Mushroom Risoniotto

This is a top favourite of mine, not only can it be made in 10 minutes it’s loved by both vegetarians and meat eaters alike.

Mushroom Risoniotto

Mushroom Risoniotto

The recipe is taken from River Cottage.

Ingredients:
2 tablespoons rapeseed or olive oil
A knob of butter
500g chestnut mushrooms (see above), cleaned, trimmed and thickly sliced
150g risoni or orzo pasta
2 garlic cloves, chopped
A few sprigs of thyme, leaves only
1 teaspoon balsamic vinegar
About 75ml dry white wine
About 50ml double cream or crème fraîche
Sea salt and freshly ground black pepper
A good handful of flat-leaf parsley, chopped, to serve

Put a large pan of well-salted water on to boil, so that you’re ready to cook the pasta while the sauce is coming together.

Heat 1 tablespoon of the oil and half the butter in a large frying panover a medium-high heat. Add half the mushrooms and cook briskly,
stirring often, until all the liquid released has evaporated and the mushrooms are starting to caramelise. Transfer to a dish and repeat
with the rest of the oil, butter and mushrooms. (Cooking in two batches like this avoids overcrowding the pan and ensures the mushrooms do not stew.)

When the second batch of mushrooms are nearly cooked, add the pasta to the pan of boiling water and cook until al dente.

Return the first lot of mushrooms to the frying pan. Add the garlic, thyme and balsamic vinegar and cook, stirring, for a minute or two.
Add the wine and cook until there is almost no liquid left. Add the cream or crème fraîche, reduce the heat a little and stir until it is just about simmering. Season with salt and pepper to taste.

Drain the pasta as soon as it is cooked, add to the mushroom mixture and toss well. Serve scattered with lots of chopped parsley.

Homemade Dry Cured & Air Dried Streaky Bacon

10 days ago I received Curing & Smoking by Steven Lamb. Within minutes of receiving the book I was turning pages as fast as I could. It was immediately apparent that this is serious book on the subject but at the same time utterly readable and very encouraging for those who’ve never cured or smoked before. I couldn’t wait to get started on making my own streaky bacon and my enthusiasm to start within minutes has taught me my first lesson – ‘you can’t make a silk purse out of a sow’s ear’. Or, in this case decent streaky bacon out of supermarket belly pork which I’d rushed off and bought about an hour after receiving the book!

Next time, which wont be long, I’ll get some quality belly from the thick end with lots of fat in it. Having said that, this morning I cut some rashers from this first piece of streaky and made a bacon sarnie with home-made bread. The bacon had the best flavour of any bacon I’ve ever eaten! With a decent piece of belly to start with it must be out of this world. Here’s how it was done.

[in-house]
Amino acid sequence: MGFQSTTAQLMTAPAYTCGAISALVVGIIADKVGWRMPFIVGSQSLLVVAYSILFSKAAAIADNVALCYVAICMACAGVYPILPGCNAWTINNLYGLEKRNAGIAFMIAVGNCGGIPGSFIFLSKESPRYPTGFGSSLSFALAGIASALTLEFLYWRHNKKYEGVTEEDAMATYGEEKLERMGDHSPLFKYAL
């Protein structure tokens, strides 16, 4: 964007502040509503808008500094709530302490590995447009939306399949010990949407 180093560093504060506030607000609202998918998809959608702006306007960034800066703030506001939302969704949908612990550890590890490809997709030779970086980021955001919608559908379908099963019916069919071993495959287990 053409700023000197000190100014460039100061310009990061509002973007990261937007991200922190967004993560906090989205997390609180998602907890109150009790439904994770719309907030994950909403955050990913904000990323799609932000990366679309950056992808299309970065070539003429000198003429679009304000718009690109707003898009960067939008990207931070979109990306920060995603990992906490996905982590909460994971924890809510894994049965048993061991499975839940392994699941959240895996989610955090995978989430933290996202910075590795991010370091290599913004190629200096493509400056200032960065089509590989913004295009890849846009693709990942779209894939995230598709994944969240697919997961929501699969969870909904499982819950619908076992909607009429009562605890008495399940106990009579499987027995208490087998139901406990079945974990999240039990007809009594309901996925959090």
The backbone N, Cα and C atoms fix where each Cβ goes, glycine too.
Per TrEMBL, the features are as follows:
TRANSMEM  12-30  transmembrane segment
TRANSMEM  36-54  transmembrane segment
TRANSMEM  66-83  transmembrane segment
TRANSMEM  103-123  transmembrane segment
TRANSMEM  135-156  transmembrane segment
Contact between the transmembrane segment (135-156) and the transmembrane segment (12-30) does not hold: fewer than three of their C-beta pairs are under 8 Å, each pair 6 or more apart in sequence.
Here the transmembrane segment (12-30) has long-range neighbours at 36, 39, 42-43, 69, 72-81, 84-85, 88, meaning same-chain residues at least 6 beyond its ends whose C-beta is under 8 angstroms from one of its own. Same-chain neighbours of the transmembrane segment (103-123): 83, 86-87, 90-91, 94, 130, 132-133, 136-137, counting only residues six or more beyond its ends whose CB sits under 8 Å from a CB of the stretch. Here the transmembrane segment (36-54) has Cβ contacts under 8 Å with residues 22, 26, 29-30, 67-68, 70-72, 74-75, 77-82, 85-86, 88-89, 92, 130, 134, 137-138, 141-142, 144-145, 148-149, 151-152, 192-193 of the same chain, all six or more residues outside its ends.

Until now one of my favourite books on cookery has been Charcuterie and French Pork Cookery by Jane Grigson but this has now been usurped by Steven Lamb’s book.

Chargrilled Vegetable Pizza

Chargrilled Vegetable Pizza

Chargrilled Vegetable Pizza

Pizza Base Ingredients (makes 2 x 12″ Pizzas)
50g Fine cornmeal (Polenta)
200g Plain flour
1tsp Dried yeast
20ml olive oil
130ml Water
1 x Good pinch of salt

I’m lazy and make the pizza dough in a bread machine which only takes 45 minutes from start to finish. You could of course make it the traditional way with lots of hand kneading.

Get the oven on now because you need it to be really hot – 250C for a fan oven or even higher if you can for a convection oven. It’s also really best if you’ve got a pizza stone which you put in the oven before turning the heat on.

While the dough was being made I used a ridged griddle pan to chargrill finely sliced courgette, red pepper and onion which I’d first mixed with a little olive oil. When the dough was ready each half was stretched out into a rough 12″ diameter disc. Each was spread with two tablespoons of ready made passatta. A few flakes of dried chilli were then sprinkled over and grated mozzarella added. The chargrilled vegetables were then divided between the pizzas, plus a few halved baby tomatoes.

Into the oven once it’s up to temperature and each pizza shouldn’t take more than 5-6 minutes baking on the stone.